Blog: Eli Cooper

Used to be that all roads led to private autos but now with the Ann Arbor City Council's commitment to a Complete Streets program, roadblocks to alternative transport are buckling. Eli Cooper, Ann Arbor's transportation program manager, writes on how Washtenaw's county's working of more lanes for moto, bike, bus, rail, and foot travel means a road map redesign by 2041.

Post 4: Train commute talk isn't just whistling Dixie

What is the romance with rail transportation anyway?  Why is our community focusing so much attention to travel by rail?  Whether it is commuter rail between Ann Arbor and Detroit, or Ann Arbor and Howell (affectionately known as Wally), or the high-speed rail corridor linking Michigan cities, including Detroit and Ann Arbor, with Chicago and a network of other major Midwestern cities, there is a buzz about traveling by rail!

Okay, rail travel is relatively pleasant and easy to understand. Purchase a ticket or monthly pass, arrive at the station, climb aboard a large rail car, find a comfortable seat, sit down, plug in your iPod or link to a wireless connection, and get to business, both literally and figuratively.  I don't know about you, but traveling on our roadways this winter has me thinking about other travel options.  How much snow can you move off the drive and sidewalks? How many close-calls are needed on local roadways? What about walking over piles of snow and icy sidewalks?   (Don't even think about the rising numbers at the gas pump!) Sitting in a warm train car sounds inviting and a lot less complicated. Sure, train travel is not for everyone, but for commuting and regional trips, rail travel is hard to beat.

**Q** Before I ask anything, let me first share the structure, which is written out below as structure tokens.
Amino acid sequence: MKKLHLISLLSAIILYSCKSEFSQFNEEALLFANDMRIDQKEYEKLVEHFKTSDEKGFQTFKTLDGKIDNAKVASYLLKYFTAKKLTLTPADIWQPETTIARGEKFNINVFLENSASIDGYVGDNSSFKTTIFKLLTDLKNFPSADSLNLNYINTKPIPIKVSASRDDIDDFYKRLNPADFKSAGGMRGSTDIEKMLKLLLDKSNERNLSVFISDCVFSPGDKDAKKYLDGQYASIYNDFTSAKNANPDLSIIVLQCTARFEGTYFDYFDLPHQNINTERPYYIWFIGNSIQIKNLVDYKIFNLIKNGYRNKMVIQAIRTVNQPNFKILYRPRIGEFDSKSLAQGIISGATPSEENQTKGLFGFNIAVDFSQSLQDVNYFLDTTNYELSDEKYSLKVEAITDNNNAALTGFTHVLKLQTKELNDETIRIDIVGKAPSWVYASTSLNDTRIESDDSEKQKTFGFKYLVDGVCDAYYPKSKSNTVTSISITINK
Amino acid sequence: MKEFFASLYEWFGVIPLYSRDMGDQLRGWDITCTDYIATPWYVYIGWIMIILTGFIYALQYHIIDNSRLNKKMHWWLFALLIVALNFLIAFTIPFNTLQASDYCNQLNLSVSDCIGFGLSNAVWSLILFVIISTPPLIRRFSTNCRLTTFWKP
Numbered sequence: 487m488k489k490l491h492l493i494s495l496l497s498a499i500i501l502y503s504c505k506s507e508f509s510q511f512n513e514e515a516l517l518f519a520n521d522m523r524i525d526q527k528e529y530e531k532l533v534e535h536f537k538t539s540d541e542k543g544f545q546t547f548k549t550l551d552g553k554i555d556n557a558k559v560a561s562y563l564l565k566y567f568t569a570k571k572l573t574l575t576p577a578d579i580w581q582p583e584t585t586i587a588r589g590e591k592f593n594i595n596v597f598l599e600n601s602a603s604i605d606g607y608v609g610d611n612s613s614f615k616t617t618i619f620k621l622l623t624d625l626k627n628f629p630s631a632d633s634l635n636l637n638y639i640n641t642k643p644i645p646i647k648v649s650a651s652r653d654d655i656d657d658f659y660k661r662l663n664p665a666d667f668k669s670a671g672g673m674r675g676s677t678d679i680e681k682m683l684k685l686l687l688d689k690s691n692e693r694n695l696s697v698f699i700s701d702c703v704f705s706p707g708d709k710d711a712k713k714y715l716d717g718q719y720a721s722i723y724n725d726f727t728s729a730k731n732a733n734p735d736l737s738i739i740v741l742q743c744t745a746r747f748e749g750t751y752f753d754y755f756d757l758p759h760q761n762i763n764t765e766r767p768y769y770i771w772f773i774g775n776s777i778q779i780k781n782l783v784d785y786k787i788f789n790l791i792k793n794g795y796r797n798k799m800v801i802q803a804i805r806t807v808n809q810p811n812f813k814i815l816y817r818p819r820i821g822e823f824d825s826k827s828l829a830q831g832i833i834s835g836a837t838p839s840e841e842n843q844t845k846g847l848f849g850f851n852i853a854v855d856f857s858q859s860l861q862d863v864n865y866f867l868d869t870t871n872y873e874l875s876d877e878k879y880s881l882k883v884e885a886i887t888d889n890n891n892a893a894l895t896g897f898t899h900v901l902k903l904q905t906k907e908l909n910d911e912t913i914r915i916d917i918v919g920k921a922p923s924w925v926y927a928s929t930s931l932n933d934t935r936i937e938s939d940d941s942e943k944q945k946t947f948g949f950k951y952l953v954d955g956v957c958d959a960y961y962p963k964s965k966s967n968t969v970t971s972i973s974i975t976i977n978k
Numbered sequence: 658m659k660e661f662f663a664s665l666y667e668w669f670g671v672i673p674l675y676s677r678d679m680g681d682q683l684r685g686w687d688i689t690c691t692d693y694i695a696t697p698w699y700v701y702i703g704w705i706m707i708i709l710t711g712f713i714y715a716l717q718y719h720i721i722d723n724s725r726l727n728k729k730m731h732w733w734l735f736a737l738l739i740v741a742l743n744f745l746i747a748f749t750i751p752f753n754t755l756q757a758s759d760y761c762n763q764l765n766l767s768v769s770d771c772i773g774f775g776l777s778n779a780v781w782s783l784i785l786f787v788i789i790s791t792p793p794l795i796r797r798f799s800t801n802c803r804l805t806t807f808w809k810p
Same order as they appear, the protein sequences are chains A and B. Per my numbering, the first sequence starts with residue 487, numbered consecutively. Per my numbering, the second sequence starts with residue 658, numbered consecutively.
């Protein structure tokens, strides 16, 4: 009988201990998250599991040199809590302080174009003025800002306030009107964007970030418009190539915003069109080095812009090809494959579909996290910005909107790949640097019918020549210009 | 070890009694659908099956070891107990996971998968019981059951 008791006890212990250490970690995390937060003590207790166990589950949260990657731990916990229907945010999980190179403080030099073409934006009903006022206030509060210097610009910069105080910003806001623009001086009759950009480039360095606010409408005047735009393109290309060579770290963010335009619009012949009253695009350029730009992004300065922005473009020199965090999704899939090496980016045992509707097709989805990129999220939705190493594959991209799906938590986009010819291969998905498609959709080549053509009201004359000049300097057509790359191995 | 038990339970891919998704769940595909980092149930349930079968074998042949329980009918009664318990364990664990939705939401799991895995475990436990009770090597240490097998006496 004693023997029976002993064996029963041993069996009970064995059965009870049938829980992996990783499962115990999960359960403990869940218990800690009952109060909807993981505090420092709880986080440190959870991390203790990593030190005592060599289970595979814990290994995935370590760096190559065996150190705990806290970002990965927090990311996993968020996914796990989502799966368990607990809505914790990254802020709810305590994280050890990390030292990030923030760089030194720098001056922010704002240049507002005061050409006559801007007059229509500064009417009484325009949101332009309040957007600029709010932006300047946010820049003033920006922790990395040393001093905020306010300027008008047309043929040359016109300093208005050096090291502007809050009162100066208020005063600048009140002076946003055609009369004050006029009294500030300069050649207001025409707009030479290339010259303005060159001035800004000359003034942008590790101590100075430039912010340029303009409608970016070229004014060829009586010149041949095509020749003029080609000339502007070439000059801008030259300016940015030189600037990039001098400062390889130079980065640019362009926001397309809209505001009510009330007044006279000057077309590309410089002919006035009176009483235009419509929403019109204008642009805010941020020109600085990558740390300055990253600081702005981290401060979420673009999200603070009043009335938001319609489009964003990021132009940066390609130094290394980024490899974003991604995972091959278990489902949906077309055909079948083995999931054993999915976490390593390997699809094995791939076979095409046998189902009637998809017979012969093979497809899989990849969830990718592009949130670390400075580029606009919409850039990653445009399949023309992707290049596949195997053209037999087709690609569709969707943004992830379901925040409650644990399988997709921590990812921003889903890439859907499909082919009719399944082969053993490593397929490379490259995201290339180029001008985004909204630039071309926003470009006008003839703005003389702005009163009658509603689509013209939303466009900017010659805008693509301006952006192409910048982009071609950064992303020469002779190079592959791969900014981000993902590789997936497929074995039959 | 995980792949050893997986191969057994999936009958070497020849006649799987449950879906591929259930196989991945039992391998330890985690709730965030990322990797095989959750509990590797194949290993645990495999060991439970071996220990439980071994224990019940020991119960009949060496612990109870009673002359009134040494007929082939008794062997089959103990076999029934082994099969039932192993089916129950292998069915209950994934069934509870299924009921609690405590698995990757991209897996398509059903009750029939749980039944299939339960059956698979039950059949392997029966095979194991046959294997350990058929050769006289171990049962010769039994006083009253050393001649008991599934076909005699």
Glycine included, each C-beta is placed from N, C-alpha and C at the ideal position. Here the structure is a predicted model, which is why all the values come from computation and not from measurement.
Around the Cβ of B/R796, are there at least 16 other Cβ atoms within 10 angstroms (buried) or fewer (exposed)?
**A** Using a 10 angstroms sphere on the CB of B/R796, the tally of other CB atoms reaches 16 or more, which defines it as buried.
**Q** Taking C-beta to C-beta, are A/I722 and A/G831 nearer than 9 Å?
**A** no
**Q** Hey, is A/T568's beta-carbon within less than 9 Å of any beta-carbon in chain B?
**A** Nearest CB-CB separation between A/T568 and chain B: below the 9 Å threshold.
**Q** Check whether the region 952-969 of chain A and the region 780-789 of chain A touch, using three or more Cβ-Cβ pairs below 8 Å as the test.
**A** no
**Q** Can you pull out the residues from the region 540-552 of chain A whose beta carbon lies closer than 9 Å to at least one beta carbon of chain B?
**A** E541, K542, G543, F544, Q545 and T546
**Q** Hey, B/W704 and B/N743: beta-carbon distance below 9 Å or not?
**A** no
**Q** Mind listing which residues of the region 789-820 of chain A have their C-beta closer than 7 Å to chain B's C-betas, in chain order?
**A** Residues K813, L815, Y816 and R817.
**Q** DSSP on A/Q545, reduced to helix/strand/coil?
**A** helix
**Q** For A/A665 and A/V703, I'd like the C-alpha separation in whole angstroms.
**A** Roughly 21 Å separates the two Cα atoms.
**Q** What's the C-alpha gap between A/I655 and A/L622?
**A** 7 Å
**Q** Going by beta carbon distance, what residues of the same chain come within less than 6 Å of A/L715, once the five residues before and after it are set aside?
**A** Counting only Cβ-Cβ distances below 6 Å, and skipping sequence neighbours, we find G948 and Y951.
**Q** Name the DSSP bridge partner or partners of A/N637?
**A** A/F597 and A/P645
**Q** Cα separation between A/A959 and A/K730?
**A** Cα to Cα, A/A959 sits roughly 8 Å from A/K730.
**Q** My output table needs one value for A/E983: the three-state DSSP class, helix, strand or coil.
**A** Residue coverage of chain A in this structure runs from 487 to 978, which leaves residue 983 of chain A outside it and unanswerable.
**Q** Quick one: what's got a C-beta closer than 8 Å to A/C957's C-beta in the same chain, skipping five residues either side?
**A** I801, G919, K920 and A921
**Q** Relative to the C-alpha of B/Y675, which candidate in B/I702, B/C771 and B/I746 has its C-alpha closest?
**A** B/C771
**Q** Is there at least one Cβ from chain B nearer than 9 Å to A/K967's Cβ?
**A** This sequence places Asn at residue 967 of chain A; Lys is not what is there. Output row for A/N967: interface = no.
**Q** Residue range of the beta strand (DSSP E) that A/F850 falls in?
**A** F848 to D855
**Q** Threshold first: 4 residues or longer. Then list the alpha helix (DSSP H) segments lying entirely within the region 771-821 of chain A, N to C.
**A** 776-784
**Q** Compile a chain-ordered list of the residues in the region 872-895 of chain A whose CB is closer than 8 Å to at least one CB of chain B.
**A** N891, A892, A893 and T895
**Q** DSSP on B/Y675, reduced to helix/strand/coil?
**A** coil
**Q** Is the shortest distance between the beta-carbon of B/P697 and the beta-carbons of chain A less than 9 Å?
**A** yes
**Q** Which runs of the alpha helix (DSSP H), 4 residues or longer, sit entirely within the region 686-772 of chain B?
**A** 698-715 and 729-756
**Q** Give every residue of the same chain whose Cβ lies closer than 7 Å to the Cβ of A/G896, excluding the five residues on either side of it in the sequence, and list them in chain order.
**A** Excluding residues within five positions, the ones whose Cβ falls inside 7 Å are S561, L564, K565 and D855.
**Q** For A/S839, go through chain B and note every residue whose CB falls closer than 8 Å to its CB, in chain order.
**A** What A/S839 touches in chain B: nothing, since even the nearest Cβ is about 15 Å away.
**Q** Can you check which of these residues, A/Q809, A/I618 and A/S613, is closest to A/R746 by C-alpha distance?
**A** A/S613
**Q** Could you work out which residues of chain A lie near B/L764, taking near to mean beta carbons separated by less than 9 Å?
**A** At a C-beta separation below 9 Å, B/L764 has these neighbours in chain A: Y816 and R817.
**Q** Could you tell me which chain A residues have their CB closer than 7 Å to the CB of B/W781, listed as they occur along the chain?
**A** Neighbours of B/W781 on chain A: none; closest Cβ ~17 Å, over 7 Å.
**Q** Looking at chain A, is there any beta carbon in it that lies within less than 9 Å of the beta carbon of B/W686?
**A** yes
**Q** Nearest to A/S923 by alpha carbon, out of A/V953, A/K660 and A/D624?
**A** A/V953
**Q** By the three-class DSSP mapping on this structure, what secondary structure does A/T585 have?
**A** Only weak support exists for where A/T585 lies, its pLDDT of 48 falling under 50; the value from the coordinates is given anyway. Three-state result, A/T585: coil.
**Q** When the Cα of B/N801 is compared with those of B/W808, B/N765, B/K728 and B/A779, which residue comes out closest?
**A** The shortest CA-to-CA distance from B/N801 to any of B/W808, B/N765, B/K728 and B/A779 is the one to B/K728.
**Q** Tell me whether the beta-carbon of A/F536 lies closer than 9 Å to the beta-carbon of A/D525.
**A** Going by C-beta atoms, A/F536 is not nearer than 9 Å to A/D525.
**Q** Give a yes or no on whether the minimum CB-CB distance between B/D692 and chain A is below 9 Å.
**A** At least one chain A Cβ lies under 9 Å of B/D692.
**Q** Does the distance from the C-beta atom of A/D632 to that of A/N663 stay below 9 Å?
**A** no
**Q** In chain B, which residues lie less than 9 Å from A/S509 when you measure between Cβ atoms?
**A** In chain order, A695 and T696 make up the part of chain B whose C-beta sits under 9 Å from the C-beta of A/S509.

Rail is also a relatively less expensive option.  I know, hearing about the millions and billions of dollars needed to get nationwide high speed rail system up and running seems daunting.  But let's break it down.  To provide commuter rail service in Ann Arbor, planners and engineers are looking at existing railroad corridors.  We are not talking about hundreds of millions of dollars needed to buy land, then design and build whole new systems. Just use existing tracks and their underutilized capacity!  Can you find underutilized capacity on our community's or region's vehicle roadways?   Perhaps, but there is less room on our roads today than yesterday, and with tens of thousands of new jobs being created in our community, that excess road capacity, if it exists, will quickly disappear!  Meanwhile, the rails sit there, waiting to be put to good use.

But do trains make sense to today's lifestyle? In the early twenty-first century, in Ann Arbor and Washtenaw County people commute to their jobs primarily in cars, especially if their trips are coming from outside of Ann Arbor and Ypsilanti. Within the Ann Arbor-Ypsi area our local AATA bus company provides excellent transit service options.   However, regional transportation statistics tell us there are tens of thousands of commuters traveling back and forth daily on I-94, M-14, US-23, and to and from Ann Arbor's homes and workplaces from the many communities well beyond AATA's reach.  That there is a regional travel market waiting to be served is abundantly clear to anyone that cares to look.   Many jobs in our immediate community are concentrated in and around Ann Arbor's downtown and campus areas.  The commuters driving to work not only congest our regional highways but also clog our local streets and parking options.